Last summer, Lincoln County received half of designated funds from the American Rescue Plan Act of 2021, and officials expect the rest to be deposited soon. But what to do next is always a question supervisors think about.
This was the atmosphere Tuesday at the Lincoln County Supervisors meeting: The county may be considering a financial windfall, but where should the funds go? Roads? First Responders? Building renovations?
What good questions.
Butler Snow consultant Parker Berry spoke to supervisors on Tuesday about ARPA spending options, requirements, rules and regulations.
In March 2021, Congress passed ARPA as a $1.9 trillion economic stimulus bill. ARPA then spawned the Coronavirus State and Local Fiscal Recovery Fund which has earmarked $350 billion for states, municipalities, counties, tribes and territories across the country, including $130 billion for local governments, to be spent evenly across counties and municipalities.
Mississippi alone will receive more than $1.8 billion, and its 82 counties and approximately 300 municipalities will share more than $500 million based on certain prorated (proportional) formulas.
Lincoln County is considering $3.3 million, which will be in addition to the $3.3 million it already received last summer. Since then, this money has been simmering intact in an interest-bearing account.
County Attorney Will Allen said there was a reason the money hadn’t been touched. “That’s why we have [consultants] come talk to us,” Allen told District 1’s Jerry Wilson, who said the money needed to be spent before “we lose it.”
ARPA allows money from the funds to be used to pay legal consultants and administrators, and that’s where Butler Snow came in. Perry attended the meeting to discuss how his company could help supervisors navigate the confusing and often strict formulas needed to properly spend funds. .
Fund funds are to be committed by the end of 2024 and spent by the end of 2026 in four main categories:
- respond to the COVID-19 public health pandemic and its related negative economic impacts
- salary bonus for essential workers
- loss of government revenue
- investments in water, sewer and broadband infrastructure, or all three
“Most counties will use the funds for lost revenue,” Berry said. “[However, like anything else]you need to record everything – documentation is key.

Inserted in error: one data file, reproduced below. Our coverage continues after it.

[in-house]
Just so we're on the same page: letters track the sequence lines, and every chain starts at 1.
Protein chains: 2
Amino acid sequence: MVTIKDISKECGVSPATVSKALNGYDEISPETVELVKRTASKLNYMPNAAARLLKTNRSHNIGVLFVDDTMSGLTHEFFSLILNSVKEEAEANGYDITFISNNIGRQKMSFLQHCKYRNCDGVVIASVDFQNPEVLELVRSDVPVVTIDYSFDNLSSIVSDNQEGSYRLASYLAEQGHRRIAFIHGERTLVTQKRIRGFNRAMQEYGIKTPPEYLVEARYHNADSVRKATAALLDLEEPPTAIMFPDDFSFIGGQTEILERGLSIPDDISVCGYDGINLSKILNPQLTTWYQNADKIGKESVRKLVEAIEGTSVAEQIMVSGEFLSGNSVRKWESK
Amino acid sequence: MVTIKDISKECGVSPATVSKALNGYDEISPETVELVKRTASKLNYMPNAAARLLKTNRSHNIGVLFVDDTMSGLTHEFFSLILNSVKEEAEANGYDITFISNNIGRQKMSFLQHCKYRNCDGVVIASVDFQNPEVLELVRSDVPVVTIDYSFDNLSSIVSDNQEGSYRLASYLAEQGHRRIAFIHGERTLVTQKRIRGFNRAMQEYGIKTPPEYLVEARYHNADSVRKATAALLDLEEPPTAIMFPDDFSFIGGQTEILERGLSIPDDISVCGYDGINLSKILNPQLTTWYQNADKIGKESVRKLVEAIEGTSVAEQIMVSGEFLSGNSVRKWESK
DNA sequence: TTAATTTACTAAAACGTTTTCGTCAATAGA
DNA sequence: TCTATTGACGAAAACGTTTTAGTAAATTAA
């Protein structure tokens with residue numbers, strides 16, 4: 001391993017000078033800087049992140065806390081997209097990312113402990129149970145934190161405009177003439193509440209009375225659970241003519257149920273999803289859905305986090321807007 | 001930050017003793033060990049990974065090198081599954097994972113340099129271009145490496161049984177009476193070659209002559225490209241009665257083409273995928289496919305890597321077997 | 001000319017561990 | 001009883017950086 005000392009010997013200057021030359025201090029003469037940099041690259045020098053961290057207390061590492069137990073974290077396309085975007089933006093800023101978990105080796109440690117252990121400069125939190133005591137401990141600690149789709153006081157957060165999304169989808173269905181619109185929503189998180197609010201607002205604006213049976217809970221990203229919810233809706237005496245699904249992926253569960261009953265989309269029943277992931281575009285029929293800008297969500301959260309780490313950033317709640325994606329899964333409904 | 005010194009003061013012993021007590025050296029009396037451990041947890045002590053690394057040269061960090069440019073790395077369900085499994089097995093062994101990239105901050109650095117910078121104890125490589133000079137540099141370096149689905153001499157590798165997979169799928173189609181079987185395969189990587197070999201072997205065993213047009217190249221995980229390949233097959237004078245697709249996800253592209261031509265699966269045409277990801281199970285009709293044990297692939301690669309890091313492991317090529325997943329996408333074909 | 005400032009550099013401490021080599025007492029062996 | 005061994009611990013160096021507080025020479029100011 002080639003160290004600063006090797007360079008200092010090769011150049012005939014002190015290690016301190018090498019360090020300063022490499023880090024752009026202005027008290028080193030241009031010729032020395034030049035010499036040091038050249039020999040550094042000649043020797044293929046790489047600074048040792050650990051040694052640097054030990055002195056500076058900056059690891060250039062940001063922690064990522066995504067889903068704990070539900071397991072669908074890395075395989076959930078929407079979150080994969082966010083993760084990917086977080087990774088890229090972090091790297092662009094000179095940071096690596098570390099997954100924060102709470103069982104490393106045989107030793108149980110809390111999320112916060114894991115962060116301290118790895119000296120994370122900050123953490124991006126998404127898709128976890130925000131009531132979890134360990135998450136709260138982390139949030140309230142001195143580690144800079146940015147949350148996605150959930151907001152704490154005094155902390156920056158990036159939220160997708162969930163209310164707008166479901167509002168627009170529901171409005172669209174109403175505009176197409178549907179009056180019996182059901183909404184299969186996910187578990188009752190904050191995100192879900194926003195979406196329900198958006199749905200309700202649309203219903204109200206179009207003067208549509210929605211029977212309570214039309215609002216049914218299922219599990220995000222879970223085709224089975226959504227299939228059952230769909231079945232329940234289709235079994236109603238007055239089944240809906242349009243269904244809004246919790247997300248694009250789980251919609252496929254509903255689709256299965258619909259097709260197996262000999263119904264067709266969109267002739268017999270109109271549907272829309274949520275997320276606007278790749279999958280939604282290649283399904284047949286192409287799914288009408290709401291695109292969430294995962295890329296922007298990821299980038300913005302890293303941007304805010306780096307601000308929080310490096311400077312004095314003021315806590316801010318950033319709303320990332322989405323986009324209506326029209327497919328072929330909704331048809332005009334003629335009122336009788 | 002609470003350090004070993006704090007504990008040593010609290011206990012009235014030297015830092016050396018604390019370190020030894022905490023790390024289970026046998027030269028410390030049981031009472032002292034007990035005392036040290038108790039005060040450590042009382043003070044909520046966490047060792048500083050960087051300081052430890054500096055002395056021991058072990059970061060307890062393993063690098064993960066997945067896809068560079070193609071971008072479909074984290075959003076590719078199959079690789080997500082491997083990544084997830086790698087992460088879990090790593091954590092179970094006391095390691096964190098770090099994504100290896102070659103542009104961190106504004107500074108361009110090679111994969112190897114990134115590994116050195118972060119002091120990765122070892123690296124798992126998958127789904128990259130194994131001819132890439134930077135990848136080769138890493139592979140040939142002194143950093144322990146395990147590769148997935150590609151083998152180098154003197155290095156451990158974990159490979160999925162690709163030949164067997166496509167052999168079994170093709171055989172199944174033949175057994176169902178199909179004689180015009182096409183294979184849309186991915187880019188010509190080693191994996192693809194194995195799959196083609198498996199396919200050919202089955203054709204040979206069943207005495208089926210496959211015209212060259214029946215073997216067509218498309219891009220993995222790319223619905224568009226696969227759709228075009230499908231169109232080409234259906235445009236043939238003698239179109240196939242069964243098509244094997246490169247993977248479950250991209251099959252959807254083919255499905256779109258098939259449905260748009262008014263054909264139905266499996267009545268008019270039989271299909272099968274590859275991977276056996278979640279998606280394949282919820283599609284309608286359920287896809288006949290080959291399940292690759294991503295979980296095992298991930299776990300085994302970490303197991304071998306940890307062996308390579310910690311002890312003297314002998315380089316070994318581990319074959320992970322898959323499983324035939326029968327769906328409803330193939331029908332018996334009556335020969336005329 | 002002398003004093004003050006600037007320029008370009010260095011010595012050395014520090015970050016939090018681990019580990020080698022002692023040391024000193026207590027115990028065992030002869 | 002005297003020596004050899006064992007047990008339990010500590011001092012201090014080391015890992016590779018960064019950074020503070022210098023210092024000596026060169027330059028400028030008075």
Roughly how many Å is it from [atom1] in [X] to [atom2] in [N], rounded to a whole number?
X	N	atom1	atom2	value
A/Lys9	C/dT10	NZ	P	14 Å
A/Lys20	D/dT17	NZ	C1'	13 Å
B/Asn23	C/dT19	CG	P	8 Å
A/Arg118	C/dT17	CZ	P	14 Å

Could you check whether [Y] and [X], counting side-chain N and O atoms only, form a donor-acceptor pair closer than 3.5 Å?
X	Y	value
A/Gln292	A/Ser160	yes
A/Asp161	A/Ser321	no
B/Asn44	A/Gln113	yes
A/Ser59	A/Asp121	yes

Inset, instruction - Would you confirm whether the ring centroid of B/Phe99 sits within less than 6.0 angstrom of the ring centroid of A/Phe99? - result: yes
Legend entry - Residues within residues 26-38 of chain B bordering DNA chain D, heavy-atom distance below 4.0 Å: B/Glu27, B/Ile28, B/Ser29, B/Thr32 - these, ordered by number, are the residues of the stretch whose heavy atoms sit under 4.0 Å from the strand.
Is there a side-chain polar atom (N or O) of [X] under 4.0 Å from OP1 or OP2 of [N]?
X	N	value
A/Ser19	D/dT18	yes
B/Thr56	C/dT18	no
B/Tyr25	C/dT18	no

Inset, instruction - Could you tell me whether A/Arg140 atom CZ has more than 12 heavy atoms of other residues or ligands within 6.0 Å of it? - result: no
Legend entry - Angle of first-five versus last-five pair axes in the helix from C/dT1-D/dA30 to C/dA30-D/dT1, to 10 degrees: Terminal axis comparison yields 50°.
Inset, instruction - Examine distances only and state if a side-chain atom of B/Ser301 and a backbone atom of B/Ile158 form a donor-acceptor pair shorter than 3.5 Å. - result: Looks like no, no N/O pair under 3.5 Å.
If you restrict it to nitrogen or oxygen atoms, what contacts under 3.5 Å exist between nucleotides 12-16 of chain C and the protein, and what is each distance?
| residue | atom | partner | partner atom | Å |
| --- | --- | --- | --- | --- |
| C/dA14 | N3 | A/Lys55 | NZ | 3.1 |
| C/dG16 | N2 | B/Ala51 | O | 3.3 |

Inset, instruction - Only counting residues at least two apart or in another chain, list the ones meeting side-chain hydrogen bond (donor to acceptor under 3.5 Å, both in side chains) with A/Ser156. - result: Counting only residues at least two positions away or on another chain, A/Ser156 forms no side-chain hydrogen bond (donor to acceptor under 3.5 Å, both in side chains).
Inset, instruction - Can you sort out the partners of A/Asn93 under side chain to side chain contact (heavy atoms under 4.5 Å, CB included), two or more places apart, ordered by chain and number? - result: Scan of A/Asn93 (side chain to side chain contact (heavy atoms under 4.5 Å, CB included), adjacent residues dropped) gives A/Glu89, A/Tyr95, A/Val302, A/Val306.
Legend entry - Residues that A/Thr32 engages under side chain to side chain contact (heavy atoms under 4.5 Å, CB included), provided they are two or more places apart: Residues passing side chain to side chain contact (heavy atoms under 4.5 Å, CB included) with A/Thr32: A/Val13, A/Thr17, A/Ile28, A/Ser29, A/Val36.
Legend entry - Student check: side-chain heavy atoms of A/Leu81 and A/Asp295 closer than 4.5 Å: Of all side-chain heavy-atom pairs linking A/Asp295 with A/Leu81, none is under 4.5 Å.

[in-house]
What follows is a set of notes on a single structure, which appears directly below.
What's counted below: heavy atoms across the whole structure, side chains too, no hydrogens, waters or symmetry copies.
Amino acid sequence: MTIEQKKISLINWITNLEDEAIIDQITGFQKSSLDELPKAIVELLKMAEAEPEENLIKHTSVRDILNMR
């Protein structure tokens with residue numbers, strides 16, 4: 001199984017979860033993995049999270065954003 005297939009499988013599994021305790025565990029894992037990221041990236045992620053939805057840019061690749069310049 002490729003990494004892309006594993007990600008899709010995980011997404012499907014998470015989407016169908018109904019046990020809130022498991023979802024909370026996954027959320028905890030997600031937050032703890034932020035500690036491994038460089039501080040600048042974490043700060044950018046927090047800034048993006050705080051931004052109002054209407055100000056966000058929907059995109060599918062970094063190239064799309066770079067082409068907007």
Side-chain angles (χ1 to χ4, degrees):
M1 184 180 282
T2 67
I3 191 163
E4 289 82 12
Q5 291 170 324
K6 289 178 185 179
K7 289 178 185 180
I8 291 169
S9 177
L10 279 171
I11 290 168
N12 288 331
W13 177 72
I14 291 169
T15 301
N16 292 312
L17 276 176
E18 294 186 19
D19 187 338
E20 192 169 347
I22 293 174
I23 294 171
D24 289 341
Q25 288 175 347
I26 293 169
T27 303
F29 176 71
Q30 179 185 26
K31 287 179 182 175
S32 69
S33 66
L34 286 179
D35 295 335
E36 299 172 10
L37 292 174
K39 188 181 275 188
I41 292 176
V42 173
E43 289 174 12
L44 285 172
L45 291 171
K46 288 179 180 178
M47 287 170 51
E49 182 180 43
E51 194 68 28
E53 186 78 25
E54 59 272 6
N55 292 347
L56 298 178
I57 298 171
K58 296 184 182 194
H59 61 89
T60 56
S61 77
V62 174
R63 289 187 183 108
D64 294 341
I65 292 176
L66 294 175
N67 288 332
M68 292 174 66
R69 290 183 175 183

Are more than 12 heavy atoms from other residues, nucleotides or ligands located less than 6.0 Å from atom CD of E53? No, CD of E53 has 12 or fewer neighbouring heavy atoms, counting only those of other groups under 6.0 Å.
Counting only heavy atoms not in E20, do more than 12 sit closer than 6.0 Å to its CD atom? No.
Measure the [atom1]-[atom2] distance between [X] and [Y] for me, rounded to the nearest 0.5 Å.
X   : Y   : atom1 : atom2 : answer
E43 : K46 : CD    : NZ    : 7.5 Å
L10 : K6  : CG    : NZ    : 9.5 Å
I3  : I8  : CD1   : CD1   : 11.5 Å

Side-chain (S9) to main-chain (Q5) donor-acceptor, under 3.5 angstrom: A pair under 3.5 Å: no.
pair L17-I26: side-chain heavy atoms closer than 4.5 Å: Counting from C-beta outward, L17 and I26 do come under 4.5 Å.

Last fall, the Treasury Department created a conclusive “final rule” that stated that a standard submission of up to $10 million could be spent on “lost revenue.” This means that entities could then spend the money on things they would have spent it on had the revenue not been lost due to COVID-19 interference.
The Treasury Department’s “final rule” is an aspect of the law that arises after public input to the “initial final rule.” This – final – final rule “then provides greater flexibility and simplicity in the program, in response to feedback in the feedback process:
Among its clarifications and changes are the following:
- Replacement of lost public sector revenuewhich provides a standard Earnings Loss Benefit of up to $10 million, allowing recipients to choose between a standard Earnings Loss amount or a full Earnings Loss Calculation.
- Public health and economic impactswhich clarifies that recipients may use funds for capital expenditures that support eligible public health or economic response COVID-19, such as the construction of certain affordable housing, daycares, schools, hospitals and others projects that meet the requirements of the final rule.
- Significantly expand eligible investments in broadband infrastructure to address challenges related to access, affordability and reliability.
Berry said his company doesn’t take a percent off the price, unlike other companies. “We work on time; you use us as much or as little as you want,” he said.
At one point, the District 1 Supervisor said “If we sit on this money, we’re going to lose it”, to which County Attorney Will Allen replied “that’s why Perry came to talk to us – so that we know the rules of how to spend the money before we spend it. Wilson asked why another company that had planned to run for the board hadn’t done so yet. Other supervisors said that ‘no other entity had been put on the agenda, but that in order to spend the funds properly, the board had to act in some way regarding whether or not to hire a consultant .
Berry said Butler Snow could help determine eligibility, assist with reporting, drafting contracts and resolutions, creating and administering sub-recipient programs, and compliance documentation with guidance.